Kerley, a Republican precinct committee officer who has run unsuccessfully for the Legislature, believes undocumented immigrants should be required to leave the country and apply to enter legally.
"Our country is built on immigration, but we have a process," Kerley said. "If you don't enforce the law equally for everyone, then the law is not being enforced."
America should bring in the best and brightest into the country, Kerley emphasizes. He says hard-working, taxpaying immigrants would only benefit everyone here.
The Center of Immigration Studies, a nonpartisan think tank in Washington, D.C., also is against such amnesty, because the group believes that would encourage more illegal immigration, said Jon Feere, a legal policy analyst for the center.
The center favors some reform -- including passing the DREAM Act for minors -- but only if it's tied to more stringent enforcement measures in fighting illegal immigration.
Feere believes that the economy, not immigration reform, will dominate the political discussion this year.
"2007 was perfect for the DREAM Act. Every interested party was pushing for amnesty, including the White House. Most of the Congress supported it and it still failed," Feere said. "Today, the economy is much worse than it was back then. Public support is less."
Congress may pass some immigration reform, but Feere believes it will be a small and narrow bill.
"That's the only way I see it happening," he said.
It does appear to be on the national agenda after Obama waded into the issue last year. In December, the Republicans responded to Obama with their own proposals on immigration reform. One of their ideas would be to give priority to immigrants who possess technical skills and college degrees needed in America. None of those ideas went forward.
Lawmakers representing Snohomish County expect to revisit the issue this year.
"The DREAM Act is extremely important to young people who are in the United States and who want to have the American Dream, but are forbidden because of their immigration status," said Rep. Rick Larsen, a Democrat whose district extends through Everett and Lynnwood.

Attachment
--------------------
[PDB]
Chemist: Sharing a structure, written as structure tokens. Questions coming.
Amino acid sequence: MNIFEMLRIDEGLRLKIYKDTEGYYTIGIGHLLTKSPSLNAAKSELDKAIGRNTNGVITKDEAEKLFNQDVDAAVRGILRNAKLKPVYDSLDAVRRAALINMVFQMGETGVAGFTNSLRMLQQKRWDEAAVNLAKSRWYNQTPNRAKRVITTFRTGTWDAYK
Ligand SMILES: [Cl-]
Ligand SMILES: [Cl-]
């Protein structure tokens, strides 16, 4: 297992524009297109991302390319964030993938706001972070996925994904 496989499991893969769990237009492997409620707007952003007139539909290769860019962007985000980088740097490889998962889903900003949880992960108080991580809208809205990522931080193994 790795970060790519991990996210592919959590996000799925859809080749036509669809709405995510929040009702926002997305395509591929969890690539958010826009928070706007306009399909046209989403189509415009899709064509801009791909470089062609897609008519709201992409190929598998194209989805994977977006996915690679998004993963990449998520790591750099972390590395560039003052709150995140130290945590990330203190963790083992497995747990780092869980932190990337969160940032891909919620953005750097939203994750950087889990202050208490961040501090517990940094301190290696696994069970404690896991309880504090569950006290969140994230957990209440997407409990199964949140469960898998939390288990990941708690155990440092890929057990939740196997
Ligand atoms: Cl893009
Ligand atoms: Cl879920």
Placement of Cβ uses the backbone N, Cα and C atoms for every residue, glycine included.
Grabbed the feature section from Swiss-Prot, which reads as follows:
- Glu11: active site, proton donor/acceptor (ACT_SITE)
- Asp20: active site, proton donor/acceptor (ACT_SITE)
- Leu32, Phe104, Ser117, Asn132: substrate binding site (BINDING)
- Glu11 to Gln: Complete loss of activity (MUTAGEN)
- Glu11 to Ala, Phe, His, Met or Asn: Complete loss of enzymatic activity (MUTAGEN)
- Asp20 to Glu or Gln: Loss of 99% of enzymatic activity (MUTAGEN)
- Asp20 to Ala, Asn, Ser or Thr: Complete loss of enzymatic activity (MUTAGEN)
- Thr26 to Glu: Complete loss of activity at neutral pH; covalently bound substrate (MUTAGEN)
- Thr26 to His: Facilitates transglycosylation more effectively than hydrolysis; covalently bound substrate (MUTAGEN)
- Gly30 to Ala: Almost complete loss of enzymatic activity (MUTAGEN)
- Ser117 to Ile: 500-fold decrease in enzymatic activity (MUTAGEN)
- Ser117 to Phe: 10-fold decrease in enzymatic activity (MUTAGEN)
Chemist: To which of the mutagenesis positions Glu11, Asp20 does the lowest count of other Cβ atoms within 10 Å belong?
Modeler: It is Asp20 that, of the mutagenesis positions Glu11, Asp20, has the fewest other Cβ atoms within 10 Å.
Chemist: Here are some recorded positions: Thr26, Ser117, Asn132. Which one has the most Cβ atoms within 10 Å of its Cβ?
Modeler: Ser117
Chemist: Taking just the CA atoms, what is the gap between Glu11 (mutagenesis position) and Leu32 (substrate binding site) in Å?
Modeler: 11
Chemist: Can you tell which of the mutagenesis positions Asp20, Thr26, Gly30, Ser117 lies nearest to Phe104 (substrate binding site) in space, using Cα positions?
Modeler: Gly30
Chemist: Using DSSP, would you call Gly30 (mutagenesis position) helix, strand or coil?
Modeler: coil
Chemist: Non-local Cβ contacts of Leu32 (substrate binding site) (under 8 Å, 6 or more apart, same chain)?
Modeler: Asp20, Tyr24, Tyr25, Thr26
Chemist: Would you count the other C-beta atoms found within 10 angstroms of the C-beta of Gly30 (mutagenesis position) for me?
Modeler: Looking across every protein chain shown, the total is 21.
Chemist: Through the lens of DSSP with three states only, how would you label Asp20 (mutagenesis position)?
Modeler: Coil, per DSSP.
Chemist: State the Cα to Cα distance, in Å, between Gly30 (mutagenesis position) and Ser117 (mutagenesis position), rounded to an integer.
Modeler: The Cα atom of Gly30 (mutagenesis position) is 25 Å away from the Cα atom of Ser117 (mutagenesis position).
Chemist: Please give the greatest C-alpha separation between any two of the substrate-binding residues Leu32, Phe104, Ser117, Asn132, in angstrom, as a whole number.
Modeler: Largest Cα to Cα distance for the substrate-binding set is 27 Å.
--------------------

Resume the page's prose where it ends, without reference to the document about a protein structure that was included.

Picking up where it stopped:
Freshman Rep. Suzan DelBene, the 1st District Democrat, has been appointed to the House Judiciary Committee, which has scheduled hearings for immigration reform in February.
She favors the DREAM Act, saying it can help the county by providing people fill jobs in agriculture and technological fields.
"We need an immigration reform that passes a pathway towards citizenship, creates a strong work force and provides a way for immigrant families to live in the United States with dignity," she said. "Congress has been slow to act, and it's important to make it a priority."
As the issue is debated in Congress, it will have lasting meaning for people in Snohomish County, including Corona and Ana Karen Garcia.
She's an 18-year-old whose parents brought her from Mexico when she was 7. Garcia graduated from Monroe High School last year and she's applied for deferred action and was accepted earlier this month.
She hopes she can now get a job and pursue a career in cosmetology.
"This is one way for me to become legal," Garcia said.
While she believes that both sides have valid points in the immigration debate, Garcia strongly believes that the DREAM Act should be approved: "It should have passed a long time ago," she said.
After being notified that he was accepted for deferred action, Corona traveled to Kansas City, Mo., last month to attend a pro-immigration rally with about 600 people from all over the country who are in favor of the DREAM Act.
"It was definitely exciting," he said. "Coming from Washington I realize how privileged we are. It's nothing compared to other parts of the country like in California or in other southwestern states."
While he's become engaged in the debate on the issue, he's involved because it's deeply personal for him and his family. He and one sister have been granted deferred action. His older sister doesn't qualify.
"There have been 12 years of uncertainty and fear," Corona said. "Now, our situation will improve."
Alejandro Dominguez: 425-339-3422; firstname.lastname@example.org.
The DREAM Act was first introduced to Congress in 2001 and several versions of the bill have been debated over the years. To see the bills, go to beta.congress.gov and type "DREAM Act" into the search toolbar.
To learn more about "deferred action," visit the Department of Homeland Security at www.dhs.gov/deferred-action.